It is considered by many to be the single most important crisis facing the state of Indiana. And for good reason. Opioid addiction is a public health catastrophe. More than 1 in 20 people in Indiana — that's a staggering 286,000 Hoosiers — report having engaged in nonmedical use of opioid pain relievers. Even worse, the number of Hoosiers who have died from drug poisoning has increased 500 percent since 1999. More people now die in Indiana from drug poisoning than in car accidents.
Maybe that someone special in your life's idea of a good time is curling up in front of the TV with seasons 1-infinity of "Law & Order." Or perhaps you're sweet on someone who whiles away hours on the Internet reading up on the last-meal requests of death-row inmates (RIP Dead Man Eating weblog).
Some very good reporting here on a topic that I'm sure is of major interest to many right now: Indiana’s ‘red flag’ gun law is getting national attention. But does it work? http://indy.st/2GBgJ6q via @indystar
I see why some would support CST, but I have never understood the intense dislike for DST, probably because I've lived with it my whole life: Indiana's great time zone debate returns as some lawmakers push to put whole state on Central time http://indy.st/2GutDTH via @indystar
Muck Rack makes it simple to find people, tweets, or articles that mention any name, keyword, company, hashtag etc. We've compiled this guide to help you make the most of your search.
Selecting a term
Start searching tweets, articles from media outlets, articles mentioned in tweets, journalists'
names, titles and bios with some suggested searches:
Companies or Topics (e.g. iPhone, Microsoft)
Phrases (e.g. "cloud computing") — use quotes to keep the terms together
Twitter handles (e.g. @username) — returns those who have mentioned or replied to
Names (e.g. "David Pogue")
Hashtags (e.g. #sxsw, #london2012)
Bio details (e.g. vegan, Olympics, father)
Muck Rack's Advanced Search allows for many boolean operators.
Find results that mention multiple specified terms, use AND or
+. For example, ensure each result contains both Elon Musk and Mark Zuckerberg by
searching Musk AND Zuckerberg or Musk + Zuckerberg.
Use the operators OR or , to broaden your search when you'd like either of
multiple terms to appear in results. (This is the default behavior of our search when no operators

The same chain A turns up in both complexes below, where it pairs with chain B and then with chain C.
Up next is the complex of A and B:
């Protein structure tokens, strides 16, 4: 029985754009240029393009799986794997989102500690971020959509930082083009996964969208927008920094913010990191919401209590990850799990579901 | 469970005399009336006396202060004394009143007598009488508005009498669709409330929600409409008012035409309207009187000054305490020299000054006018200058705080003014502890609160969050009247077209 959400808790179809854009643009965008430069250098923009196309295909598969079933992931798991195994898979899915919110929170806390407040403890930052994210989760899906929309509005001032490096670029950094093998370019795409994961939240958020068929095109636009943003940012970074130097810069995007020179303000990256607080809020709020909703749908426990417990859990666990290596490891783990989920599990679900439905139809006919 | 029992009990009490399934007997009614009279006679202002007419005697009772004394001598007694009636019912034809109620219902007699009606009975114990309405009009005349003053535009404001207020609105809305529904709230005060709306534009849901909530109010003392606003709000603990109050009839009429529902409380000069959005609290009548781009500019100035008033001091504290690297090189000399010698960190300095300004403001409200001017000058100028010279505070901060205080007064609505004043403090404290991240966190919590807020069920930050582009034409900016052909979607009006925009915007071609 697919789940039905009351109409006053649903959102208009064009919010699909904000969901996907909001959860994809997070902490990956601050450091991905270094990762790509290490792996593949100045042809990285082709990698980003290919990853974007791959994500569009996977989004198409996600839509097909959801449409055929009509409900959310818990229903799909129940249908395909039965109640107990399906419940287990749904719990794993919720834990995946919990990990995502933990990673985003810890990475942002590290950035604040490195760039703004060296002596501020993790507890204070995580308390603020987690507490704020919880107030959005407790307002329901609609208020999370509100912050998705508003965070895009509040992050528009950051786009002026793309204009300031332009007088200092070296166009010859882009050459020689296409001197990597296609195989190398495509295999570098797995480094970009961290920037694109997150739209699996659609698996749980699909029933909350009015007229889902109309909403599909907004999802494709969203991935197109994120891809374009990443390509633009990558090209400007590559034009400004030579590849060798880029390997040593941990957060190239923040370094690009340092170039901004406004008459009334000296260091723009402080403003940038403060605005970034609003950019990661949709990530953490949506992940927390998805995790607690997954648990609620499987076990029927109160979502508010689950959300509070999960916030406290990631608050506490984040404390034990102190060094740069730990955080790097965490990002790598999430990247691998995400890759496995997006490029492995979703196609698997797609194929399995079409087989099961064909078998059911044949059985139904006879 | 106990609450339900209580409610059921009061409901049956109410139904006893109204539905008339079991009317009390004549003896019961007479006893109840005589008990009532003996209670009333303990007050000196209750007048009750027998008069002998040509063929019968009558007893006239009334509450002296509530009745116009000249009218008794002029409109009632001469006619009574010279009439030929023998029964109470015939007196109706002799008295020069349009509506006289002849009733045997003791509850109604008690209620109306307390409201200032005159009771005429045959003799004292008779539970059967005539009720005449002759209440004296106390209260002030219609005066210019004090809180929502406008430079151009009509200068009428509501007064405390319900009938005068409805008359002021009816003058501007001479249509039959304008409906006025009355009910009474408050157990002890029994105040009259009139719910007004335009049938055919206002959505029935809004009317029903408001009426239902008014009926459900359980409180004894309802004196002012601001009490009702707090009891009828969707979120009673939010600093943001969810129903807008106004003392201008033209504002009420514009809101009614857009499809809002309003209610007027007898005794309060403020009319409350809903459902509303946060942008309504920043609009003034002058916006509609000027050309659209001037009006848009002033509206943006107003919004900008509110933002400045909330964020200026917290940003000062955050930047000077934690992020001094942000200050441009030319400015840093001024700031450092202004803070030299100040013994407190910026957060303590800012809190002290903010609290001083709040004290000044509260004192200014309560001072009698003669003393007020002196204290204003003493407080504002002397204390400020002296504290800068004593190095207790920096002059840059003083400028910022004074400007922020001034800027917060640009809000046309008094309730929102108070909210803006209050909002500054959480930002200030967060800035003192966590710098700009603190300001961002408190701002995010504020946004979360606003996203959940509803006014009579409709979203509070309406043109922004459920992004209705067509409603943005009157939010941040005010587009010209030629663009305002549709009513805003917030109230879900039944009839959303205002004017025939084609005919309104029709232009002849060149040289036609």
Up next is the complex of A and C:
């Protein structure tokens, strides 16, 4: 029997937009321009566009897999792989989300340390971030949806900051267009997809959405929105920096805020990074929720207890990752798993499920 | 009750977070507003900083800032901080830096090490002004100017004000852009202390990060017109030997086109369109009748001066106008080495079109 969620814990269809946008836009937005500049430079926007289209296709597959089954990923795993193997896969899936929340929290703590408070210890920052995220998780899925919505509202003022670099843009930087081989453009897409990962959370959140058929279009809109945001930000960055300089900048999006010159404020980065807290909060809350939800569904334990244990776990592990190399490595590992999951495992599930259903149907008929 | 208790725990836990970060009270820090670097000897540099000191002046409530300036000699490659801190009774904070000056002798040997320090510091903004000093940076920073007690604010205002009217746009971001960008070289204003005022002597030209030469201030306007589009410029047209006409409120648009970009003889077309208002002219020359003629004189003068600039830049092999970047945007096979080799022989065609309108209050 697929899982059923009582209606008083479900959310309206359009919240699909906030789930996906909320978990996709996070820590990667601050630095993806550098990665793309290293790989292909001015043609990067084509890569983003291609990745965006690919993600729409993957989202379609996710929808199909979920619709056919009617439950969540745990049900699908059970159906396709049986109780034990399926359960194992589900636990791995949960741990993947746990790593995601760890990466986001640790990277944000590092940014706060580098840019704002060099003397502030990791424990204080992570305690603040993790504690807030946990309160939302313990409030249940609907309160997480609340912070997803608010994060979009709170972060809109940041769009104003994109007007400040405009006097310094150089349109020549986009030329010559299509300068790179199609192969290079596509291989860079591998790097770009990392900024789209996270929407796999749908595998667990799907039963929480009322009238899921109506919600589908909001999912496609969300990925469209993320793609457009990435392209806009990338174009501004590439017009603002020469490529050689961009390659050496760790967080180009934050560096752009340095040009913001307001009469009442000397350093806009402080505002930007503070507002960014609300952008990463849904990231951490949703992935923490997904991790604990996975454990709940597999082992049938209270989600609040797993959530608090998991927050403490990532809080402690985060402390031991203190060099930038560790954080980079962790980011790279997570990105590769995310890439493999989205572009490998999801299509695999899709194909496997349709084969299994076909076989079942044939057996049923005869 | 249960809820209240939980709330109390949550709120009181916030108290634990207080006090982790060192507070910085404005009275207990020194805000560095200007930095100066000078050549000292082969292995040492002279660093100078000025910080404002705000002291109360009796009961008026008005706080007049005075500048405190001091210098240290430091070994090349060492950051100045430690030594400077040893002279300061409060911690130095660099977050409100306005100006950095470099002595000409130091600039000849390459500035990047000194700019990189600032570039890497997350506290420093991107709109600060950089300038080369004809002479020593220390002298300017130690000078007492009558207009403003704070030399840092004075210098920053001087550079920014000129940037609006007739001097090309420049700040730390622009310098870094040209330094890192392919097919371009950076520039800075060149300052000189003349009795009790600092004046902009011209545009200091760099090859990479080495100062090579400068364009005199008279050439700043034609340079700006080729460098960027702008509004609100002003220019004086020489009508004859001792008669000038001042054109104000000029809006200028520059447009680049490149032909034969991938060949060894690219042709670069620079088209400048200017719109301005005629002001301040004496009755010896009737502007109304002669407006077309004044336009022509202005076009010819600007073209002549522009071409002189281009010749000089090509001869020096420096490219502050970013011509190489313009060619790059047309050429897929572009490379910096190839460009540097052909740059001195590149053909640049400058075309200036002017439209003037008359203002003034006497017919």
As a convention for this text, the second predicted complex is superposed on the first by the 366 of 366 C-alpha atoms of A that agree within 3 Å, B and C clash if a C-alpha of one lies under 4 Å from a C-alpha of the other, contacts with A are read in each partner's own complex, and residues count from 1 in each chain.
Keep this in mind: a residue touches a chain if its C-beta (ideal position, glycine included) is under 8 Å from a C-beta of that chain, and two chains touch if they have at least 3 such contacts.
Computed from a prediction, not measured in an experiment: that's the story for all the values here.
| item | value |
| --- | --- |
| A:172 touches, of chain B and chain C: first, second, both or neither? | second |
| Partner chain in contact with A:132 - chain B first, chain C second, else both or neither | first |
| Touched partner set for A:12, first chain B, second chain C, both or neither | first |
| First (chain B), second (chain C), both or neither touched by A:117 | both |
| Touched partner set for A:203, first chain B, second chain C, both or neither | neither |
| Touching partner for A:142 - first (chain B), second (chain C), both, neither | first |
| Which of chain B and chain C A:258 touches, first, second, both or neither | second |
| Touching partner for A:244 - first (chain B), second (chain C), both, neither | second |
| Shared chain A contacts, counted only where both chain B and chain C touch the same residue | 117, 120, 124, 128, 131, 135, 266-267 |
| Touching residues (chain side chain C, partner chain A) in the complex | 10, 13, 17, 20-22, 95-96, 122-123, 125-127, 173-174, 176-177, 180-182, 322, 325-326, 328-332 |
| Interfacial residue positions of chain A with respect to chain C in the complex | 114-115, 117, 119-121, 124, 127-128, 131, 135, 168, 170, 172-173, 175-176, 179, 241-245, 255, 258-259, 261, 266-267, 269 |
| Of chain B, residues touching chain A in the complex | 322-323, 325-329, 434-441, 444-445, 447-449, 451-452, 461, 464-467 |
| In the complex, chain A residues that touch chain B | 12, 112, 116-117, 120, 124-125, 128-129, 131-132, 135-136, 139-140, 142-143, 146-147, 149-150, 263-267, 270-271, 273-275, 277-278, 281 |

are used). For example, results will contain either cake or cookie by searching cake OR cookie or cake,cookie
Use NOT or - to subtract results from your search. For
example, searching Disney will yield results about the Walt Disney Company as well as Walt Disney
World Resort. To exclude mentions of Disney World, search for Disney -World or Disney
When using one of these operators with a phrase, enclose it in quotation marks. For example, you can
find results about smartphones excluding Apple's iPhone 4S by searching smartphone -"iPhone
Exact case matching or punctuation
If you're searching for a brand name or keyword that relies on specific punctuation marks or capitalization, you can
find results that match your exact query by adding matchcase: before the keyword you're searching for, like matchcase:E*TRADE .
Use parentheses to separate multiple
boolean phrases. For example, to find journalists talking about having fun in Disney World or
Disneyland, search for ("disney world" OR disneyland) AND fun.
An asterisk can be used to search for any variation of a root word truncated by the asterisk. For example, searching for admin* will return results for administrator, administration, administer, administered, etc.
A near operator is an AND operator where you can control the distance between the words. You can vary the distance the near operation uses by adding a forward slash and number (between 0-99) such as strawberries NEAR/10 "whipped cream", which means the strawberries must exist within 10 words of "whipped cream".